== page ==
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Hambal KHAN, Petitioner, v. William P. BARR, Attorney General, Respondent.
Hambal Khan petitions for review of a Board of Immigration Appeals’s (Board) decision affirming an immigration judge’s (IJ) denial of his applications for asylum, withholding of removal, and Convention Against Torture (CAT) protection. We have jurisdiction under 8 U.S.C. § 1252, and we deny the petition.
“We review denials of asylum, withholding of removal, and CAT relief for substantial evidence and will uphold a denial supported by reasonable, substantial, and probative evidence on the record considered as a whole.” Huang v. Holder, 744 F.3d 1149, 1152 (9th Cir. 2014) (internal quotation marks and citations omitted). “Under the substantial evidence standard, the court upholds the [Board’s] determination unless the evidence in the record compels a contrary conclusion.” Cole v. Holder, 659 F.3d 762, 770 (9th Cir. 2011) (internal quotation marks and citations omitted).
Khan argues that the denial of his asylum and withholding of removal claims should be reversed because the denial rests on an adverse credibility determination that is not supported by substantial evidence. However, as long as an adverse credibility finding is based on “specific and cogent reasons,” Shrestha v. Holder, 590 F.3d 1034, 1041–43 (9th Cir. 2010), it is “conclusive unless any reasonable adjudicator would be compelled to conclude to the contrary,” Manes v. Sessions, 875 F.3d 1261, 1263 (9th Cir. 2017) (internal quotation marks and citations omitted).
Here, the adverse credibility finding is based on specific and cogent reasons. For example, Khan altered a police report before submitting it to the immigration court—and only admitted to altering it (supposedly, to “correct” the dates) upon on cross-examination by the Government. The original, unaltered dates on the police report undermine Khan’s assertion that he fled Pakistan immediately after an incident involving gunfire outside of his house.
Khan also inconsistently described himself both as a “common worker” in his political party and as a prominent person in the party who would often appear on stage with the local mayor. Although Khan was afforded ample opportunity to explain this inconsistency, cf. Soto-Olarte v. Holder, 555 F.3d 1089, 1092 (9th Cir. 2009), Khan failed to explain why he was prominent enough to be threatened by the president of a rival political party, yet not prominent enough to receive protection from the local government—which was allegedly controlled by his party and declined to help him on the ground that he was “just a common person.” These inconsistencies go to the “heart” of Khan’s claim because they “concern[ ] events central to petitioner’s version of why he was persecuted and fled.” See Singh v. Gonzales, 439 F.3d 1100, 1108 (9th Cir. 2006) (citations omitted), overruled on other grounds by Maldonado v. Lynch, 786 F.3d 1155 (9th Cir. 2015). We “will uphold an adverse credibility determination where it is based on serious inconsistencies in the applicant’s testimony that go to the heart of his application.” Alvarez-Santos v. I.N.S., 332 F.3d 1245, 1254 (9th Cir. 2003) (citations omitted).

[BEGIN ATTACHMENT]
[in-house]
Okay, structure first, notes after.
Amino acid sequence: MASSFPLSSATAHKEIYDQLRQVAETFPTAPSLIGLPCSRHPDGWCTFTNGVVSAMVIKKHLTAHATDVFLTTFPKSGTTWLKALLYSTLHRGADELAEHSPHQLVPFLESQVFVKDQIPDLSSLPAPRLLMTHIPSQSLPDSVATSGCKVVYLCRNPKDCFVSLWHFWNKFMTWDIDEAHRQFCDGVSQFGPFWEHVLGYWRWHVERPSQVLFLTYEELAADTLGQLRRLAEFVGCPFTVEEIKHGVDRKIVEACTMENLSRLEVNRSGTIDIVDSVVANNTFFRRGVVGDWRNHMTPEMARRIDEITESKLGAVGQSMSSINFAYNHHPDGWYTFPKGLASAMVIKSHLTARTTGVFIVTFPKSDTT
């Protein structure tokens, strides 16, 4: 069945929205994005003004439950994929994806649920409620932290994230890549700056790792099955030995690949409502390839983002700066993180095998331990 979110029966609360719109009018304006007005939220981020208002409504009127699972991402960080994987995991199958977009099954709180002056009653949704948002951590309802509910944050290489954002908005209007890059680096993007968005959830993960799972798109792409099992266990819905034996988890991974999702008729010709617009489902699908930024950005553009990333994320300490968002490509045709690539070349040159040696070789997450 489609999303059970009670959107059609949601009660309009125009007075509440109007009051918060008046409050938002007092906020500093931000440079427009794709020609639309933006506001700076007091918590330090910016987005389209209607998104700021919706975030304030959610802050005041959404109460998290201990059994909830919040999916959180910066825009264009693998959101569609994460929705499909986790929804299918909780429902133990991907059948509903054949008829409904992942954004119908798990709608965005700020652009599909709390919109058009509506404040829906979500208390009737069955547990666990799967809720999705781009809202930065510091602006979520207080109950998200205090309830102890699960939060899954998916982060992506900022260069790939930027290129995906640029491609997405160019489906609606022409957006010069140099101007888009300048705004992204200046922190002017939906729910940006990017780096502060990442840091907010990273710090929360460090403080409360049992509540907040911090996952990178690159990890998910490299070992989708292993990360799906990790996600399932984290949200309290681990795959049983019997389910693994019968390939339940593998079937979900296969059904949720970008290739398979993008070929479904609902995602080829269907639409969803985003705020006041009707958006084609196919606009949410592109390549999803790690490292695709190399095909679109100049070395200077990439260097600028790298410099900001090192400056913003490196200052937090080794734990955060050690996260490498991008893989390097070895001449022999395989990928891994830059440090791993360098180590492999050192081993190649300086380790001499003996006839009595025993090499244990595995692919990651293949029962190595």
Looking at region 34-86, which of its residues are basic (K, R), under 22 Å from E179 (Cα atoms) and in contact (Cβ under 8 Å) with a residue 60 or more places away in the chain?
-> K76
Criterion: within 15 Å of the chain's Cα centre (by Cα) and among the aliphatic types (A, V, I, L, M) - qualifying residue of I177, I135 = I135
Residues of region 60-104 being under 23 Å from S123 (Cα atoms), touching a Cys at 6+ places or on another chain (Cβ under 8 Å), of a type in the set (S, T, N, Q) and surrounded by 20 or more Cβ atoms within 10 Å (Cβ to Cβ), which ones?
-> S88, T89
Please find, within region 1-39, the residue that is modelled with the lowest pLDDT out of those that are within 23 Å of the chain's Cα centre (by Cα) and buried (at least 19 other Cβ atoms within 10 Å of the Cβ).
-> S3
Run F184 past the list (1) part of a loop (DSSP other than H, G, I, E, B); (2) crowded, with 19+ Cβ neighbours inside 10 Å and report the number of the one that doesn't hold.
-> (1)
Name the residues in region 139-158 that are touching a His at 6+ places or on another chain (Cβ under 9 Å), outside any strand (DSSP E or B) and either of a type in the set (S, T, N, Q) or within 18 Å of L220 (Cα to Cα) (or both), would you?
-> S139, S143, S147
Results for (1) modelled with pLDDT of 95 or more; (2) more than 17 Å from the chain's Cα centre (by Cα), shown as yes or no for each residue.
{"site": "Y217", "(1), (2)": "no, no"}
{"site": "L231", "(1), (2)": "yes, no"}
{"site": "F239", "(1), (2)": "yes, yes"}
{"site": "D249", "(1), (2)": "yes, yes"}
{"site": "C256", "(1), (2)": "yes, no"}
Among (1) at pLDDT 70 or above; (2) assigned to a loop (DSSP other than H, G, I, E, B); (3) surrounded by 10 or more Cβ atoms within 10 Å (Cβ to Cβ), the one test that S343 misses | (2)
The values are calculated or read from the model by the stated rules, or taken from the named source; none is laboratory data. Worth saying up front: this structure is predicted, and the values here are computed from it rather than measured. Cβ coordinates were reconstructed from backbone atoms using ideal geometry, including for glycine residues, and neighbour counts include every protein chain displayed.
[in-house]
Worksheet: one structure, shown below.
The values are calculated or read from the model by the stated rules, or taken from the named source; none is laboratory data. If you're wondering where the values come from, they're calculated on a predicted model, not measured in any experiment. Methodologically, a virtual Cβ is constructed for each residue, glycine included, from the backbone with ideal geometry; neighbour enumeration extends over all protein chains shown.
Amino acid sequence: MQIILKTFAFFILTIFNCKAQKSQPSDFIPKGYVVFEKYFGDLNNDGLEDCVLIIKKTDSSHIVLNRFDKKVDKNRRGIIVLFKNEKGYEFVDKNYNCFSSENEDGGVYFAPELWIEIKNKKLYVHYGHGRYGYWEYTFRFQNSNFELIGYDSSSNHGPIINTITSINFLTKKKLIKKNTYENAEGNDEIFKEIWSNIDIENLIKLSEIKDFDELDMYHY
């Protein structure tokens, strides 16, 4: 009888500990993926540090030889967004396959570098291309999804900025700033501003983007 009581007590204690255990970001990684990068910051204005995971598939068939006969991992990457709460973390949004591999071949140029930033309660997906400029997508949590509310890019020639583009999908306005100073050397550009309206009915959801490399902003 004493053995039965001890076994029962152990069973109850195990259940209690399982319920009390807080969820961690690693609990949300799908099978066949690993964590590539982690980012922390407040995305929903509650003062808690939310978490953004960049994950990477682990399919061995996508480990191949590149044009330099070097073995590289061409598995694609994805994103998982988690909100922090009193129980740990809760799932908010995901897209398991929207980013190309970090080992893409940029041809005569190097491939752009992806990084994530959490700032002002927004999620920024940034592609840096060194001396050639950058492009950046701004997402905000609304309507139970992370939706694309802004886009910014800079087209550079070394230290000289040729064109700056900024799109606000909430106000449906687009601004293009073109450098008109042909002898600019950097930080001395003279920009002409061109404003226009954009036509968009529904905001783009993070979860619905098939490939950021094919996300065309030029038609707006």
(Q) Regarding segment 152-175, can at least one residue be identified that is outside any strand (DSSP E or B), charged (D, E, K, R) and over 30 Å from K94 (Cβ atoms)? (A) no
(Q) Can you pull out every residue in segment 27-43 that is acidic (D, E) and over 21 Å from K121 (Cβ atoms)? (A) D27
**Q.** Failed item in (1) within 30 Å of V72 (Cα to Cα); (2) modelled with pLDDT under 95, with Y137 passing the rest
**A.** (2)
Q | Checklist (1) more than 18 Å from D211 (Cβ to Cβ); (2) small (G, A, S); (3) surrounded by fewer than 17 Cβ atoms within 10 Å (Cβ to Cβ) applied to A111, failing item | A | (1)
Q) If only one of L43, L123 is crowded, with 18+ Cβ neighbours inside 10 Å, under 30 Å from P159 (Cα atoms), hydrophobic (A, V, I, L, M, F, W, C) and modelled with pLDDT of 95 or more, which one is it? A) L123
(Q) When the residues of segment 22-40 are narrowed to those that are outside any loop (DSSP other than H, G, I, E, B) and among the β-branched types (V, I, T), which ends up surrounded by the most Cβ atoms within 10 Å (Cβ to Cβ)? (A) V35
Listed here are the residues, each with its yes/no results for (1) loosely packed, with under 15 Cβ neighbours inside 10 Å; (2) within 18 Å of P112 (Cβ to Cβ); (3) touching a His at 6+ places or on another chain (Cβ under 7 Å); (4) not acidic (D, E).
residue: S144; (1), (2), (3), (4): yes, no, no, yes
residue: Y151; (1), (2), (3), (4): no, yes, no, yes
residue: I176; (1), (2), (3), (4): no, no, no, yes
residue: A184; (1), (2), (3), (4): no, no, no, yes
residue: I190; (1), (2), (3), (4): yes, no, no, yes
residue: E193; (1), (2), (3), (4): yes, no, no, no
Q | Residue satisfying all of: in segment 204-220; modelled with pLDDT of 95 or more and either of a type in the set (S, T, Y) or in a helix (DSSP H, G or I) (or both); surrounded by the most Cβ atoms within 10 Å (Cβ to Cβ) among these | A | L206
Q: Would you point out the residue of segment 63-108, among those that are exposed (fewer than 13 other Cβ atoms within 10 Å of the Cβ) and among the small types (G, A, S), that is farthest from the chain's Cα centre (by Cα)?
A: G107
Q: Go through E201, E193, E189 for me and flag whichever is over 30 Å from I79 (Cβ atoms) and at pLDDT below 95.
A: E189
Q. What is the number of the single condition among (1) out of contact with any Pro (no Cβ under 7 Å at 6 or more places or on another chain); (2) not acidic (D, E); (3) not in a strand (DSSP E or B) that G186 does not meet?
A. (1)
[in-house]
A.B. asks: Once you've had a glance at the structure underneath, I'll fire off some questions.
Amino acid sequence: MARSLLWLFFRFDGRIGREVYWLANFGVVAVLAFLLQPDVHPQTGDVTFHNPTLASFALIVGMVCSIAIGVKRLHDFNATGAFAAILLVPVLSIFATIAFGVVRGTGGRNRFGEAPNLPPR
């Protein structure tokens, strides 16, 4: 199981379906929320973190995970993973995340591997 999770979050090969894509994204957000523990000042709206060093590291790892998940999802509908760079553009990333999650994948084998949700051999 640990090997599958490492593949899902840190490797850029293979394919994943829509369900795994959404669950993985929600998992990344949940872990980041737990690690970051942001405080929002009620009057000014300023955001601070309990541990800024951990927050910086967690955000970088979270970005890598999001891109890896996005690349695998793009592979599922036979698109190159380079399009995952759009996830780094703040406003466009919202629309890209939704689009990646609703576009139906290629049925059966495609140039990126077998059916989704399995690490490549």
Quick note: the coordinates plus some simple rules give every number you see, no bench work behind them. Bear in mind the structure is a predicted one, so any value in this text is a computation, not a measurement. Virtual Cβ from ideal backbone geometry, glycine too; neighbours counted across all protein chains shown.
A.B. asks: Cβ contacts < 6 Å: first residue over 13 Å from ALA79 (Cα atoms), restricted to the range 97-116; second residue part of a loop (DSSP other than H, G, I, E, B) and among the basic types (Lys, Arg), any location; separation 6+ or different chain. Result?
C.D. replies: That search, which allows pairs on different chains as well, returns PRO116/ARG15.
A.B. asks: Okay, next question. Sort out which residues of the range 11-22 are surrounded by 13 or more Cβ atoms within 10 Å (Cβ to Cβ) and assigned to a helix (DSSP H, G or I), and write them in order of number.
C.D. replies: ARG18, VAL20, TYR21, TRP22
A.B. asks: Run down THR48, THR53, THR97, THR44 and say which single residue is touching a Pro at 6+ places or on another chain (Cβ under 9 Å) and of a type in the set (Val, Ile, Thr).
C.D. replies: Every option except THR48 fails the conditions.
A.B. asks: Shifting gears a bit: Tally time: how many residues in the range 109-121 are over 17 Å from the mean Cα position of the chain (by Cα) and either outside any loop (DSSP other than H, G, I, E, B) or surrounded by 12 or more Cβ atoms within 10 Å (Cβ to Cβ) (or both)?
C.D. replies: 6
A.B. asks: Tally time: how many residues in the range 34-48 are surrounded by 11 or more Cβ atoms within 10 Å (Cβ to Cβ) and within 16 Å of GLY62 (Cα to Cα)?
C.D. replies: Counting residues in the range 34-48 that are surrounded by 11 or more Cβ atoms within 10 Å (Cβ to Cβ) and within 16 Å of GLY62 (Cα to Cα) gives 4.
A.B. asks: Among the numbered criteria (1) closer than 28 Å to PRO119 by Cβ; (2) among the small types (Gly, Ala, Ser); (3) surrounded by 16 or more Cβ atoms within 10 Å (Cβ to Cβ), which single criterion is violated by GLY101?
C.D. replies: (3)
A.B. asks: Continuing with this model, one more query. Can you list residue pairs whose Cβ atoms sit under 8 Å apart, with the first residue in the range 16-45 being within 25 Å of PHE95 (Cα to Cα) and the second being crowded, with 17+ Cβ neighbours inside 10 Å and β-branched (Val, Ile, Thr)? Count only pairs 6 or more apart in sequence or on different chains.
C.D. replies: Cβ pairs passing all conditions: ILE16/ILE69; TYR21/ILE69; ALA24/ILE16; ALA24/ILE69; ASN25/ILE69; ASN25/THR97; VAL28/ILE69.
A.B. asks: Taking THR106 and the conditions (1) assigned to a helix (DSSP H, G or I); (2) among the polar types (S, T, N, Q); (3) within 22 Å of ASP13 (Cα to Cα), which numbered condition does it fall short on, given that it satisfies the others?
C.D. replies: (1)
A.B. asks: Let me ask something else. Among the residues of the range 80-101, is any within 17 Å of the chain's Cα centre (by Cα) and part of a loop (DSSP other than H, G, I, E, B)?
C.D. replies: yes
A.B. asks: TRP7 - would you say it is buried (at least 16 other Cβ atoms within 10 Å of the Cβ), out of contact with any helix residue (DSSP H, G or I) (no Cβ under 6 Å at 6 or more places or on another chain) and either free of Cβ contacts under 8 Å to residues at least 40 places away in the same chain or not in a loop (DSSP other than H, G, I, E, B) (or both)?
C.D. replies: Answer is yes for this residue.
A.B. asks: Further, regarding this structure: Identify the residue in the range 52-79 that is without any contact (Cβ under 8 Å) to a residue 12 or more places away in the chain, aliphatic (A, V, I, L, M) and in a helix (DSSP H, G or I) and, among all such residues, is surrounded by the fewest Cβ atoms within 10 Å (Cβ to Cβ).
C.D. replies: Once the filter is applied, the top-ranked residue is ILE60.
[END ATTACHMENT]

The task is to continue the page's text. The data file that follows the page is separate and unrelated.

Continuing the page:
Reviewing the record as a whole, we conclude that Khan has failed to present any “evidence so compelling that no reasonable factfinder could find that he was not credible.” Farah v. Ashcroft, 348 F.3d 1153, 1156 (9th Cir. 2003) (internal quotation marks and citations omitted). Accordingly, the adverse credibility finding is supported by substantial evidence, and Khan “cannot satisfy [his] burden of showing entitlement to” asylum or withholding of removal. Kin v. Holder, 595 F.3d 1050, 1058 (9th Cir. 2010).
Khan next argues that the agency violated due process by failing to consider certain documents for failing to comply with 8 C.F.R. § 1003.33.1 We review Khan’s due process claim de novo, Colmenar v. I.N.S., 210 F.3d 967, 971 (9th Cir. 2000), and reject it. To establish a due process violation, Khan must show: (1) that “the proceeding was so fundamentally unfair that [he] was prevented from reasonably presenting his case,” and (2) that the due process violation resulted in “prejudice, which means that the outcome of the proceeding may have been affected by the alleged violation.” Ibarra–Flores v. Gonzales, 439 F.3d 614, 620–21 (9th Cir. 2006) (citations and internal quotation marks omitted). Khan fails to satisfy either requirement.